Being physically fit may sharpen the memory and lower our risk of dementia, even if we don’t start exercising until we are middle-aged or older. But some exercises are better than others in this regard.

That’s the takeaway from two studies of the interplay among exercise, aging, aerobic fitness and forgetting.

There have been numerous studies of the link between fitness and brain health. But none has addressed the issue of a person’s age when they start an exercise regimen.

So, for the first of the new studies, which was published in the Lancet Public Health, researchers at the Norwegian University of Science and Technology in Trondheim, Norway, decided to look into whether by midlife or retirement age, it might be too late to see any improvements.

They began by turning to records from a large-scale health study that had enrolled almost every adult resident in the region around Trondheim beginning in the 1980s in order to track how their health changed over 10 years. The researchers pulled records for more than 30,000 of these participants and categorized them by their fitness.

Some had stayed out of shape; they remained in the lowest 20% of aerobic fitness for the entire 10 years. Others moved into or out of that group. And the fittest few remained outside that group for all 10 years. The researchers then checked records from nursing homes and specialized memory clinics to see which participants developed dementia during a 20-year follow-up period.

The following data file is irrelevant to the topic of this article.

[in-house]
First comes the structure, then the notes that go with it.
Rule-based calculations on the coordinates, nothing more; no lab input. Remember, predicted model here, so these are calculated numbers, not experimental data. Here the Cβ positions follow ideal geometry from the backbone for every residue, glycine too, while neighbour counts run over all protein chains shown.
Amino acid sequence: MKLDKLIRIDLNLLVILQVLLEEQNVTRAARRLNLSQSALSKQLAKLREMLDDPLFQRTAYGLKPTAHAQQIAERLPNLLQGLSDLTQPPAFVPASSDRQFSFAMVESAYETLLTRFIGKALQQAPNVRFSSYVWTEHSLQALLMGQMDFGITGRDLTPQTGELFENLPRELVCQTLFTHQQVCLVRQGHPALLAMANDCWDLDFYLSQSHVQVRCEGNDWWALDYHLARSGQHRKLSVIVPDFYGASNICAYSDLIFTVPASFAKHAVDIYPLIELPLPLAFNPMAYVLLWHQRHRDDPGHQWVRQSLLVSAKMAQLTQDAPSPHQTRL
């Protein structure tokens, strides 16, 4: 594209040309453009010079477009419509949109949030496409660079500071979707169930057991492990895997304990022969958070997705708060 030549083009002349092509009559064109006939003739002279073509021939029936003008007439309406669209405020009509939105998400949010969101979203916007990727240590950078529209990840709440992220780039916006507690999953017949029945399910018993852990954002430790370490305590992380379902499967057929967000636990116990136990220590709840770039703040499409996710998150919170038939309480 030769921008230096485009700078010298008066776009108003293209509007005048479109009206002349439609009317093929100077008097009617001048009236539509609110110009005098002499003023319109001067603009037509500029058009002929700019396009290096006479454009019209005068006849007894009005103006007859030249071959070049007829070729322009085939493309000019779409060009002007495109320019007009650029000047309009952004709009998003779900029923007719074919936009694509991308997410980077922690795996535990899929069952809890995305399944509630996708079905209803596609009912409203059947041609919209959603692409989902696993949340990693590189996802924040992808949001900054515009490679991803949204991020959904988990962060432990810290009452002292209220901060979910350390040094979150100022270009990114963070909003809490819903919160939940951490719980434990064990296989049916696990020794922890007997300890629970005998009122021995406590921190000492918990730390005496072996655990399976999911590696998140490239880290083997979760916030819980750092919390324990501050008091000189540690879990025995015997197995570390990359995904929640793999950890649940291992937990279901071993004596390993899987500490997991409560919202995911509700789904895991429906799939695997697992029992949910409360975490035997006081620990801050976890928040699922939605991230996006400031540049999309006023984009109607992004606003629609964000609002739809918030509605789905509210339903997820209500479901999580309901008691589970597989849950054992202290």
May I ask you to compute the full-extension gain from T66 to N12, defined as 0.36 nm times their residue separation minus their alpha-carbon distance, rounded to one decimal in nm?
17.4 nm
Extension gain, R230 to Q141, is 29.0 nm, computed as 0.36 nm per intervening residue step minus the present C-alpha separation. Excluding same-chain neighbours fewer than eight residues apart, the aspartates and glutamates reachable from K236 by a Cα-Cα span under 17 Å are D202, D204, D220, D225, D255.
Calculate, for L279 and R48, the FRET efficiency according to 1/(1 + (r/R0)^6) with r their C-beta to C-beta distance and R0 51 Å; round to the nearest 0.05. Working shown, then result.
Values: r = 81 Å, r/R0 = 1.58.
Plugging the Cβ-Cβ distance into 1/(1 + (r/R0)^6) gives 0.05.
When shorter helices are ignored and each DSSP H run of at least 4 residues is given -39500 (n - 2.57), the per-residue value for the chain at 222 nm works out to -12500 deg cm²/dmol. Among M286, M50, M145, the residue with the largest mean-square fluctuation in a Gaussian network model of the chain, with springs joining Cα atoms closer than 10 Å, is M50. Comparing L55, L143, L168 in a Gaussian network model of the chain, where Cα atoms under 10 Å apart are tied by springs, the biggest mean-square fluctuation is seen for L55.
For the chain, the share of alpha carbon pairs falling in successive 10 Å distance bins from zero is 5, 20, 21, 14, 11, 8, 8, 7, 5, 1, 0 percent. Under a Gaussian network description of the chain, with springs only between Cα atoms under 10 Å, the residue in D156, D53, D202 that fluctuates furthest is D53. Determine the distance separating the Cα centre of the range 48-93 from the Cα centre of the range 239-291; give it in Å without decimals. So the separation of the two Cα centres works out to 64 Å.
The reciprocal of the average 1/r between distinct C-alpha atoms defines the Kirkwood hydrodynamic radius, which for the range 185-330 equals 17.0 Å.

They found that the people who were fit throughout the study proved to be almost 50% less likely to develop dementia than the least-fit men and women. Perhaps more encouraging, those men and women who had entered middle age out of shape but then gained fitness showed the same substantial reduction in their subsequent risk for dementia.

The study did not examine what types of exercise were being done by those who gained fitness. Which makes the other new study about exercise and memory a valuable complement.

That experiment, which was published in Applied Physiology, Nutrition, and Metabolism, researchers at McMaster University in Ontario began by recruiting 64 sedentary men and women 60 or older and measuring their fitness and memory skills.

The researchers randomly assigned the volunteers to start exercising. One group walked moderately and steadily on treadmills three times a week for about 50 minutes. The others began interval walking, during which their treadmills’ incline was cranked high for four minutes so that their heart rates rose to about 90% of each person’s maximum.

After 12 weeks, the interval walkers showed significant improvements in both physical endurance and memory performance, and their gains were linked. The more fit someone became, the more his or her memory sharpened.

In essence, the findings suggest that “it is not too late” for middle-aged or older people to start exercising and protect their memories, said Jennifer Heisz, an associate professor at McMaster University who oversaw the new study.

But the exercise needs to be at least somewhat intense, so that it raises heart rates and boosts fitness.

“I tell people to add in some hills when they go for a walk,” she said, “or pick up the pace between streetlamps.”